The Zimbabweans opened their First Test tour of New Zealand on New Year's Day and departed a month later with honours fairly even. They shared the Test series, which was drawn 0-0, but had a chance of a win at Hamilton, thanks to an unusually sporting declaration from Lee Germon; though they lost the one-day games 2-1, they finished on a victorious note at Napier. The limited-overs series was one of New Zealand Cricket's better pieces of timing. They were the last one-day internationals played before the World Cup and gave both countries useful match preparation before their departure; New Zealand showed how useful by beating England in the Cup's opening game at Ahmedabad 11 days later. But, at the time, the Zimbabweans had more reason for satisfaction, despite the lack of wins; they had made the most of their limited resources.
They had one world-class performer with the bat and one with the ball. What a reputation and what figures Dave Houghton might have had by now, either if Zimbabwe had won Test status a dozen years earlier or if he had done a Hick and, as a youngster, sought his fortune in another country! His fourth Test century at Eden Park, where he broke his foot in the fifties, was marvellously brave and, given the circumstances, fluent. Unfortunately for Zimbabwe, the fracture kept him out of the World Cup. On the bowling side, Heath Streak had speed, stamina and strength but not much support. At the other end of the scale there were a few tourists who, on this showing, might have had their work cut out securing regular places in New Zealand's better provincial elevens. But Paul Strang was a courageous young leg-spinner possessing reasonable control and considerable ability to turn the ball. His figures were ravaged during Chris Cairns's blazing maiden Test century and did him little justice. Strang looked the likeliest slow bowler on either side, however, and at least as good a long-term bet as his left-arm trundler brother Bryan.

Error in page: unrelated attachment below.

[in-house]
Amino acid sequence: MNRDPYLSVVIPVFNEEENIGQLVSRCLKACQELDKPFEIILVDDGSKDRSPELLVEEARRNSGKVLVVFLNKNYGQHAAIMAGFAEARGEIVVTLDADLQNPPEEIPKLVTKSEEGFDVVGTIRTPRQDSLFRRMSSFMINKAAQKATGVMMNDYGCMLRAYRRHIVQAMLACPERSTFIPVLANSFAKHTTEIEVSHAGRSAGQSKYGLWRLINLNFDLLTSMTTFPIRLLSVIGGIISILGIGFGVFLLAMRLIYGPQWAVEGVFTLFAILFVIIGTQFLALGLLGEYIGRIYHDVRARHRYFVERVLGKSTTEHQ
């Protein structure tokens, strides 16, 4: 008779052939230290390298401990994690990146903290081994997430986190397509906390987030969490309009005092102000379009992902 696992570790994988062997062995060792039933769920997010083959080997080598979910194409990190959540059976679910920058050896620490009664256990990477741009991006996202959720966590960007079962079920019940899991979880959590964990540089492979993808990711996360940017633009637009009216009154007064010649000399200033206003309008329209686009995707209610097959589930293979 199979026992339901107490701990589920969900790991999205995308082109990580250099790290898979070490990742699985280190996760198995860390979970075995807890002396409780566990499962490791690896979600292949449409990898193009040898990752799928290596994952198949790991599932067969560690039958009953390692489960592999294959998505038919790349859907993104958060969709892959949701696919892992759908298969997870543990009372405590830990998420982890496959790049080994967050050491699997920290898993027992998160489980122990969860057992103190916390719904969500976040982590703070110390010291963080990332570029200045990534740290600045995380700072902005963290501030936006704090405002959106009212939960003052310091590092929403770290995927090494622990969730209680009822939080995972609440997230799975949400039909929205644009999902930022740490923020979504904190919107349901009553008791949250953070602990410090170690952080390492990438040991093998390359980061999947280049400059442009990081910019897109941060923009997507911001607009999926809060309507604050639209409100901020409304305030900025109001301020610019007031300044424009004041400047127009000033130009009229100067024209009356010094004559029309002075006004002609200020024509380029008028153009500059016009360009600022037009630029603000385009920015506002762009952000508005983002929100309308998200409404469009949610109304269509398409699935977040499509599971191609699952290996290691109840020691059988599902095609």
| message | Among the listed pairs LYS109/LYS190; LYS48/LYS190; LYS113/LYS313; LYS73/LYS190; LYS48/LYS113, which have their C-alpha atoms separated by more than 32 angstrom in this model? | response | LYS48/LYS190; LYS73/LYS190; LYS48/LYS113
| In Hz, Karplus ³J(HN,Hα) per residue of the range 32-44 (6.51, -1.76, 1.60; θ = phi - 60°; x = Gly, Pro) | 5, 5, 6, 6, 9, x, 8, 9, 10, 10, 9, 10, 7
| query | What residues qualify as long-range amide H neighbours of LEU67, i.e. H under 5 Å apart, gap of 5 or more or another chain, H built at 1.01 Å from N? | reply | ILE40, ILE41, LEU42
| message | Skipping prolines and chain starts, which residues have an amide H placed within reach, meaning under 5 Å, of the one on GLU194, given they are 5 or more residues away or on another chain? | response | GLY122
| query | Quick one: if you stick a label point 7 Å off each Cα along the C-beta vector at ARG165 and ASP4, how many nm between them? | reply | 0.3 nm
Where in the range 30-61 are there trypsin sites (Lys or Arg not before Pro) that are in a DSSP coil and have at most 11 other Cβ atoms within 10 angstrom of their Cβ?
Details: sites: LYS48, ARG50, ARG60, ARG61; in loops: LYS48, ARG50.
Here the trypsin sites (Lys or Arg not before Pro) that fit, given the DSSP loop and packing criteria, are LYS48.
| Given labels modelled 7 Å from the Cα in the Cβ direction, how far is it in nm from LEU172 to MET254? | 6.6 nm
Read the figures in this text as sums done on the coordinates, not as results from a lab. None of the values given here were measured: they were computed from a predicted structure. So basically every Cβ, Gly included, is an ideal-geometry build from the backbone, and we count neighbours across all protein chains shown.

There had been Test wicket-keeper/captains before, as far back as Billy Murdoch at Sydney in February 1882, but never had two opposed each other until Andy Flower and Germon met at Hamilton in January 1996. Neither looked a top international keeper, which was understandable; it is hard to maintain the level of concentration needed to combine the job with on-field decision-making, especially for teams of limited resources. Flower had more batting to do in this series. He was punchy or cautious as the situation demanded, without having Houghton's masterful strokes. Zimbabwe's fielding reached its low point in New Zealand's second innings at Auckland, when Cairns and Adam Parore put on 166 in 171 balls, and its zenith at Napier, in the one-day win that was the tourists' chief success.
New Zealand had more talent available, but never fielded their best eleven. There were a few irritating injuries, and more zip in pitches might have helped, but the tameness of the bowling at Eden Park arose mainly from bad selection. Morrison, Doull, Thomson and Priest, who had repeatedly shown their wicket-taking ability, were all excluded.
The itinerary was not only short for the main attraction of the New Zealand summer but also regressive. New Zealand Cricket abandoned the Arundel-type festival opening match which Northern Districts had striven to establish and, having rekindled local interest in the warm-up games the previous year by reinstating matches against provincial opposition, went back to conglomerate teams, which attracted little support. The theory is that budding internationals will thrust forward by heroic deeds against overseas opposition. Allott and Kennedy were suddenly promoted after playing in these games, but neither was the right answer.
Zimbabwe's first Test tour of New Zealand - the only earlier visit was for the 1992 World Cup, with two Northern Districts games thrown in - was harmonious by 1990s standards. Denis Streak, Heath's father and a pace bowler who once played at Bulawayo army barracks against a sanctions-busting private New Zealand team, the Tuis, in 1974, renewed friendships and managed the side capably.
A. Flower (Mashonaland) (captain), D. L. Houghton (Mashonaland) (vice-captain), E. A. Brandes (Mashonaland Country Districts), A. D. R. Campbell (Mashonaland Country Districts), S. V. Carlisle (Mashonaland), S. G. Davies (Mashonaland), G. W. Flower (Young Mashonaland), A. C. I. Lock (Mashonaland Country Districts), H. K. Olonga (Matabeleland), S. G. Peall (Mashonaland Country Districts), H. H. Streak (Matabeleland), G. J. Whittall (Matabeleland), C. B. Wishart (Young Mashonaland).
C. N. Evans (Mashonaland Country Districts) joined the party after Houghton returned home injured.
Manager: D. H. Streak. Coach: J. H. Hampshire.
Test matches - Played 2: Drawn 2.
First-class matches - Played 4: Won 1, Drawn 3.
Win - New Zealand XI.
Draws - New Zealand (2), New Zealand Academy XI.
One-day internationals - Played 3: Won 1, Lost 2.
Other non-first-class matches - Won v Wanganui, Abandoned v. Central Districts.
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